Andre Borges shares the secret behind Nutshell’s success and how they crossed 1 Million Instagram followers in 4 months.
In conversation with Andre Borges, Channel Head of Nutshell, Social Samosa understands the marketing strategies of the fastest-growing non-fiction infotainment channel that provides research-based stories aimed at feeding curious minds and how they leverage the demand for knowledge by building deep communities in interest categories such as history, geopolitics, personal finance, start-up culture, and sexual health and wellness.
What was the idea for launching the channel Nutshell?
Pocket Aces have dabbled in fiction with short-form fiction, long-form, gaming, food, and more. But there was one area that we thought that we could take advantage of, and bring a lot of value to, and that was non-fiction infotainment.
Nutshell was the brainchild of a couple of employees who just wanted to tinker with explainers and try to figure out what is the space and what audiences liked. And from then on, the team was formed. We researched on what the trending topics were and what other people were talking about. And eventually decided that we wanted to create content that explains a lot of complex topics, talks about unheard or unresearched stories, and then discusses everyday musings, which you know about but don’t really understand why they happen.
We felt like non-fiction infotainment was a space that not many people adapted to and is potentially a huge area that we could explore. We launched Nutshell to create a different form of content, engage with our audiences and bring in new audiences in a different way.
Nutshell clocked 4x growth in 4 months; crossed 1 Million Instagram followers. How would you describe this journey?
We’re still riding on that high because a lot of thought, a lot of strategies, and a lot of long nights went into discussing how we could upscale and upskill our content. The first year went for breaking into the ecosystem. By doing explainers, longer videos, and analyses, we were touching on a wide variety of topics. This also included Bollywood, current affairs, history, true crime, and a bunch of other things.
We wanted to come up with a content strategy for how we can break through the Instagram clutter. We decided that it makes sense for us to own our energy and focus on five strong categories. So eventually, we did a lot of research and narrowed it down to the history and geopolitics, behind the brand, which is basically entrepreneur startup legacy companies, sexual health and wellness, and personal finance. And the growth just started happening organically.
We started not only filling up gaps in our content strategy but also started filling up the gaps in the ecosystem itself which we felt was lacking. As for how we did it, it was a very difficult and tiring task, but from month one, as soon as we implemented our content strategy, we started seeing really quick results.
In the first month itself, we were close to doubling our followers. When we started coming up with smaller strategies within a particular category, our aim was to create a means to get people to come back to us.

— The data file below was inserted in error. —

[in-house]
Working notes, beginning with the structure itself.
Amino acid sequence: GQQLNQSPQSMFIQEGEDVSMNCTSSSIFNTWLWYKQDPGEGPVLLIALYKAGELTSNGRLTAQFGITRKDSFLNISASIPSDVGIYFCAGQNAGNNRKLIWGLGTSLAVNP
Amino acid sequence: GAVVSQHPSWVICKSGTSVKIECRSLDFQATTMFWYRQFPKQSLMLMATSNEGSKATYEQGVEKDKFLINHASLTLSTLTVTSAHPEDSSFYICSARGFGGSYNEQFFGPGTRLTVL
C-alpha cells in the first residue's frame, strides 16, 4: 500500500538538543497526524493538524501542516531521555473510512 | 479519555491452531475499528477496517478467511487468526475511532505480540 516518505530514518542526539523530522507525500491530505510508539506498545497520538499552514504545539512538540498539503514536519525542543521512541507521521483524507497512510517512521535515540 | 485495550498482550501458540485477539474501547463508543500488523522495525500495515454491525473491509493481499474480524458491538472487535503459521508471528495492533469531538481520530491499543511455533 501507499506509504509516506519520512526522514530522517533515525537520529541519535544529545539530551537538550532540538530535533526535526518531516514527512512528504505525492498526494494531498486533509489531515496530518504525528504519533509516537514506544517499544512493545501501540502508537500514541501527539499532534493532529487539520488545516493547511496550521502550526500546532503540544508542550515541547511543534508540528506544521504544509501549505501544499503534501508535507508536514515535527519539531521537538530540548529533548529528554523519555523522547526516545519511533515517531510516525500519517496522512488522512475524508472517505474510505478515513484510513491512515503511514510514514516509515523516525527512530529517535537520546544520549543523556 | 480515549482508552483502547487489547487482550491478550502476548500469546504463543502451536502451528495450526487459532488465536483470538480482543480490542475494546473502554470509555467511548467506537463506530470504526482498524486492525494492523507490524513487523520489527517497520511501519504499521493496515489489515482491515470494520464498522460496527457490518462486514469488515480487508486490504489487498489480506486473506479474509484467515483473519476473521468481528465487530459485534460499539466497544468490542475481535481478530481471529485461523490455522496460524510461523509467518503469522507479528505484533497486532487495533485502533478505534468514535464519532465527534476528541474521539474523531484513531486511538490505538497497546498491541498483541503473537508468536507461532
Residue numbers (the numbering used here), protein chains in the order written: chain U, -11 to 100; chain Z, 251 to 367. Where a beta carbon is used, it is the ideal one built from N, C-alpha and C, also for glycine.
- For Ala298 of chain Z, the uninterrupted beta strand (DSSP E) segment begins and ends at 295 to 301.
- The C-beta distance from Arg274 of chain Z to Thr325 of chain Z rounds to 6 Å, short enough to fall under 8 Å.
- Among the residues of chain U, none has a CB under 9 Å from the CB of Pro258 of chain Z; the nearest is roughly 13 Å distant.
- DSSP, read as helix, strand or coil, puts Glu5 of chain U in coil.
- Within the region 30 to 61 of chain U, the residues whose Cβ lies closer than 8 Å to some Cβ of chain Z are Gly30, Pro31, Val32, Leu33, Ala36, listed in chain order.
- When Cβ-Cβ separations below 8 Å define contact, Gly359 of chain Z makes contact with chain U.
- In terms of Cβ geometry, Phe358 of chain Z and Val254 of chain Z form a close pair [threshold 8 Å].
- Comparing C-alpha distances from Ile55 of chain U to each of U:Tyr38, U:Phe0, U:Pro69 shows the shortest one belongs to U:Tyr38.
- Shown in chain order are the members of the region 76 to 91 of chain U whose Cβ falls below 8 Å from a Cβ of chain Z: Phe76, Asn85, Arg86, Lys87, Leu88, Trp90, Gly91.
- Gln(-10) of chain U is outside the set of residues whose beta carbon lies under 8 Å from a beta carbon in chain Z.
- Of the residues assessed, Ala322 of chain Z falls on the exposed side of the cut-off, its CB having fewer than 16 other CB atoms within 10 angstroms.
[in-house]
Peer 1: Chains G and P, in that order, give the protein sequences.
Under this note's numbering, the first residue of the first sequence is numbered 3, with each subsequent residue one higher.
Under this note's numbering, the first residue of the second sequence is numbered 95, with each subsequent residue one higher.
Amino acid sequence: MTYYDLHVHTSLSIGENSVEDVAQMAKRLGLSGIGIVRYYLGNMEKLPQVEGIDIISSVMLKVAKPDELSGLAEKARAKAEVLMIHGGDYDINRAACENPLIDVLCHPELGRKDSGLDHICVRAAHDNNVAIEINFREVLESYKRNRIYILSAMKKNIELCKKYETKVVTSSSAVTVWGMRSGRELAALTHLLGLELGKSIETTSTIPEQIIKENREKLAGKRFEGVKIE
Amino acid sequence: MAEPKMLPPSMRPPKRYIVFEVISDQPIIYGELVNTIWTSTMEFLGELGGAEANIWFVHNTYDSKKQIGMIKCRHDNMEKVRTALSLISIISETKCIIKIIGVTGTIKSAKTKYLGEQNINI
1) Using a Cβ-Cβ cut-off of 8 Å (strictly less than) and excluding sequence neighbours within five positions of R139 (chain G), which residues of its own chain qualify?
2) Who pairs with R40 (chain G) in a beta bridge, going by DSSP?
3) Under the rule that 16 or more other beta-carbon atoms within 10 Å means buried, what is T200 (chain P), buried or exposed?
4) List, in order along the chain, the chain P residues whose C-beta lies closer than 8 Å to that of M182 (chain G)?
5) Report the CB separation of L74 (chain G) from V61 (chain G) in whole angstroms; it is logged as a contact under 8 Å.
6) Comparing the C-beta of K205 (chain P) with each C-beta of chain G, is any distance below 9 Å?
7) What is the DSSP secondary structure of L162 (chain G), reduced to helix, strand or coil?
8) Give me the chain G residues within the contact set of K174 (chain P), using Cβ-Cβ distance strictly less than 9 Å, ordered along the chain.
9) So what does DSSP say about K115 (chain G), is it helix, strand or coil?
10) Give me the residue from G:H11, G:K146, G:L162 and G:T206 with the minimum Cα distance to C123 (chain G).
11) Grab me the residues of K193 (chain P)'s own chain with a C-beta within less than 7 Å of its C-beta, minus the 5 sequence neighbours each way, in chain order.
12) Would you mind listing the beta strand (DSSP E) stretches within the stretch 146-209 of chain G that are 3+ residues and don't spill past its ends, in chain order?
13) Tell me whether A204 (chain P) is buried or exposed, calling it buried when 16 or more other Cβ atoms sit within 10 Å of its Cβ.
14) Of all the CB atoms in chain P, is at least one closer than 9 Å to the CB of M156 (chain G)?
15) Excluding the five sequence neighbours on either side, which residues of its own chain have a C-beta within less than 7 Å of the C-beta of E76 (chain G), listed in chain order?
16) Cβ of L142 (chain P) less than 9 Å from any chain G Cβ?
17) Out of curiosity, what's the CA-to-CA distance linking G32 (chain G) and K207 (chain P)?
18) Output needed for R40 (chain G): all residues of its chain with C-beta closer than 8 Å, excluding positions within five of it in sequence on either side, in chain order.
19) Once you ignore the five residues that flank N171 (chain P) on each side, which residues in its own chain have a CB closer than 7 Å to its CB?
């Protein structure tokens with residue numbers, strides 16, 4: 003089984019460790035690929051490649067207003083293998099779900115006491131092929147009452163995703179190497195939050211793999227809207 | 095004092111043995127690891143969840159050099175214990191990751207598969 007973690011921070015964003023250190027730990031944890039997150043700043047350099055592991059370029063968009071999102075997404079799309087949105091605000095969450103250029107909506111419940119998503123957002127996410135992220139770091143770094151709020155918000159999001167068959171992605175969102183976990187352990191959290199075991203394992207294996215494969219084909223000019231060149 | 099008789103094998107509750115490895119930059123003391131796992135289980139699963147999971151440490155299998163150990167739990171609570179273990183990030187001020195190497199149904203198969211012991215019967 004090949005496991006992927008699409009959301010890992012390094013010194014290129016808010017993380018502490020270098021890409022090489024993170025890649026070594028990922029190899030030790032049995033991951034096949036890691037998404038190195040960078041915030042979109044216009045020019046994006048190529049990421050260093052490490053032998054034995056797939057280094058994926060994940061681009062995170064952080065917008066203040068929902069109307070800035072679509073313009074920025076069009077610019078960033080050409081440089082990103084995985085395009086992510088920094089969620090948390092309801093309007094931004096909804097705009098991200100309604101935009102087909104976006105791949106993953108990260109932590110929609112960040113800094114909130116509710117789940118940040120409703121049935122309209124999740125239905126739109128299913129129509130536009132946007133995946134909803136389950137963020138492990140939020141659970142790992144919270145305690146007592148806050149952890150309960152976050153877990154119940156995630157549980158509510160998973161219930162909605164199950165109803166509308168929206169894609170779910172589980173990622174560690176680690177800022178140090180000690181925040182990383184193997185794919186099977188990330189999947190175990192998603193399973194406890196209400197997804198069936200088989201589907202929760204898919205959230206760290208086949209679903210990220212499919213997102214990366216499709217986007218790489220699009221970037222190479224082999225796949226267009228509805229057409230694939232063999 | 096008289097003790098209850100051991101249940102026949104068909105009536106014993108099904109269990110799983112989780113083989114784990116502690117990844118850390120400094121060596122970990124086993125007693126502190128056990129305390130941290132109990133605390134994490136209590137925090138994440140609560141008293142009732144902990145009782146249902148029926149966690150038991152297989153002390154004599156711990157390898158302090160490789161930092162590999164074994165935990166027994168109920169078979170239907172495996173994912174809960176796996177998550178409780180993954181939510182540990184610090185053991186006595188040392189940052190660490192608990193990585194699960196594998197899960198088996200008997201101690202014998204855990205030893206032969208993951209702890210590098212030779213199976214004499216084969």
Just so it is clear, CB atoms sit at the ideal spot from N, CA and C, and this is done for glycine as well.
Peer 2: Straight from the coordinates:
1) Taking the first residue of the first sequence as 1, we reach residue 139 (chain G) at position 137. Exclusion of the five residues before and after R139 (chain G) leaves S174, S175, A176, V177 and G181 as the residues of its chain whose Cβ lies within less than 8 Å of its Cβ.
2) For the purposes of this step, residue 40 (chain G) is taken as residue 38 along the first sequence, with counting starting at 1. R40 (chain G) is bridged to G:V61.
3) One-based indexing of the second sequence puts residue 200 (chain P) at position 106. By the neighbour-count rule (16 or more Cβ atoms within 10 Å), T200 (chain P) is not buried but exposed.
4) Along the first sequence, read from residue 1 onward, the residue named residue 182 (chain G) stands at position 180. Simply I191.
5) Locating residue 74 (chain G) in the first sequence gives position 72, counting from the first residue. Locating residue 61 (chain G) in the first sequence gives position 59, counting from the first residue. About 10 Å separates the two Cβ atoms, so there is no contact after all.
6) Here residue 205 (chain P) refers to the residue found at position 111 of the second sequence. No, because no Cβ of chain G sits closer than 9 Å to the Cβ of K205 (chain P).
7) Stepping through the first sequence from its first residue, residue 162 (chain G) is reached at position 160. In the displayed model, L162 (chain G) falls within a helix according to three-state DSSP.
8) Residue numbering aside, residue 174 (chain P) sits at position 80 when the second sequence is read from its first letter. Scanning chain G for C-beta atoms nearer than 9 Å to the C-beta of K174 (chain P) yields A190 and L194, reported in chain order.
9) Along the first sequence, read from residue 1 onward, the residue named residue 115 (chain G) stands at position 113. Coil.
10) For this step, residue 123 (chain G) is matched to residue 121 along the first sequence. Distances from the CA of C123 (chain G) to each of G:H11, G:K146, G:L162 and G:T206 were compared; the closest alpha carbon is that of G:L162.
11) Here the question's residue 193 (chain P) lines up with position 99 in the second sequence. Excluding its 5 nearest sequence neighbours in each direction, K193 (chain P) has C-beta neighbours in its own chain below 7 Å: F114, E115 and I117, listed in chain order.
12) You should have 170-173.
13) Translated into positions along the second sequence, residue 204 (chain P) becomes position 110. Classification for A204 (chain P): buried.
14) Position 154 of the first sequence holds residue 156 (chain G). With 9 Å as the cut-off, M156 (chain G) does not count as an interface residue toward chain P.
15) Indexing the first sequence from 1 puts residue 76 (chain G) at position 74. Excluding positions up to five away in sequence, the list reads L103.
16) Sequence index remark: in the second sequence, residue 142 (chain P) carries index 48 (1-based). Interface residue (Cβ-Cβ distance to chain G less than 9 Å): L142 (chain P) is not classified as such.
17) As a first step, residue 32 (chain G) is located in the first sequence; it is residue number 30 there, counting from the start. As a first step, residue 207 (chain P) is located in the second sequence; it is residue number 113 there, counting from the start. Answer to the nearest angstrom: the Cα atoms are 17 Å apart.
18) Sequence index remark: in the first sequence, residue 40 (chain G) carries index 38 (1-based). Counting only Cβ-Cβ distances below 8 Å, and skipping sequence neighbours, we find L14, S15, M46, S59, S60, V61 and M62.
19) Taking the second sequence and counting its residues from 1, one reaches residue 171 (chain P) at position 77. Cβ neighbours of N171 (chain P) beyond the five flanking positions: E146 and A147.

So eventually, after the second month, we started seeing the audience who could tell us what kind of videos they wanted. They started communicating about what parts of the videos they liked. Instagram was the main platform that we wanted to drive engagement, but we used all our distribution levels as well as created a couple more places like Telegram and Discord to enhance the conversations about things.
What do you think went well for the channel?
We were able to gauge clearly who our audience was, and we were able to associate ourselves with it. It was not like an ideation meeting where I would say, I think this would be good, or I think this will do well, it would be an ideation meeting in which we would put ourselves as an audience members and stimulate ourselves into those communities. So when we created these categories, my producers took on each category themselves. They started reading Reddit threads and understanding facets of those systems, and that garnered a lot of traction for each content category.
What were the challenges that you faced and how did you overcome them?
The main challenge we faced while developing this strategy was understanding how to create a successful line of content, how to create that whole value for the audience, and how to distribute our bandwidth to such a point that we could tackle different formats. We had to figure out how to become the most efficient creator within that product timeline, and that was the first very difficult step. Also, during the wave, we kind of stumbled in the sense of like we knew we had to reach an X amount of followers within a week, a month, and a quarter.
The one thing that’s a big mistake that a lot of content creators make is when they create something and they think that it’s the best thing. But they don’t understand that the audiences are constantly evolving along with the algorithm. So audience patterns are constantly changing every few months.
We got very smart with that in the sense that if we were creating a reel, we knew that the first iteration of the reel would not be our best. We put out a reel, we started getting feedback from the audience, and we incorporated it. Later some of the audience members said this could be done better, we incorporated the feedback. And now, to a point where I can very safely say that the two or three ways that we put out our reels are the best ways that our audience appreciates them. The clearer understanding of the audience came from all the problems that we faced in the three or four months building up to us hitting a million and then in the future.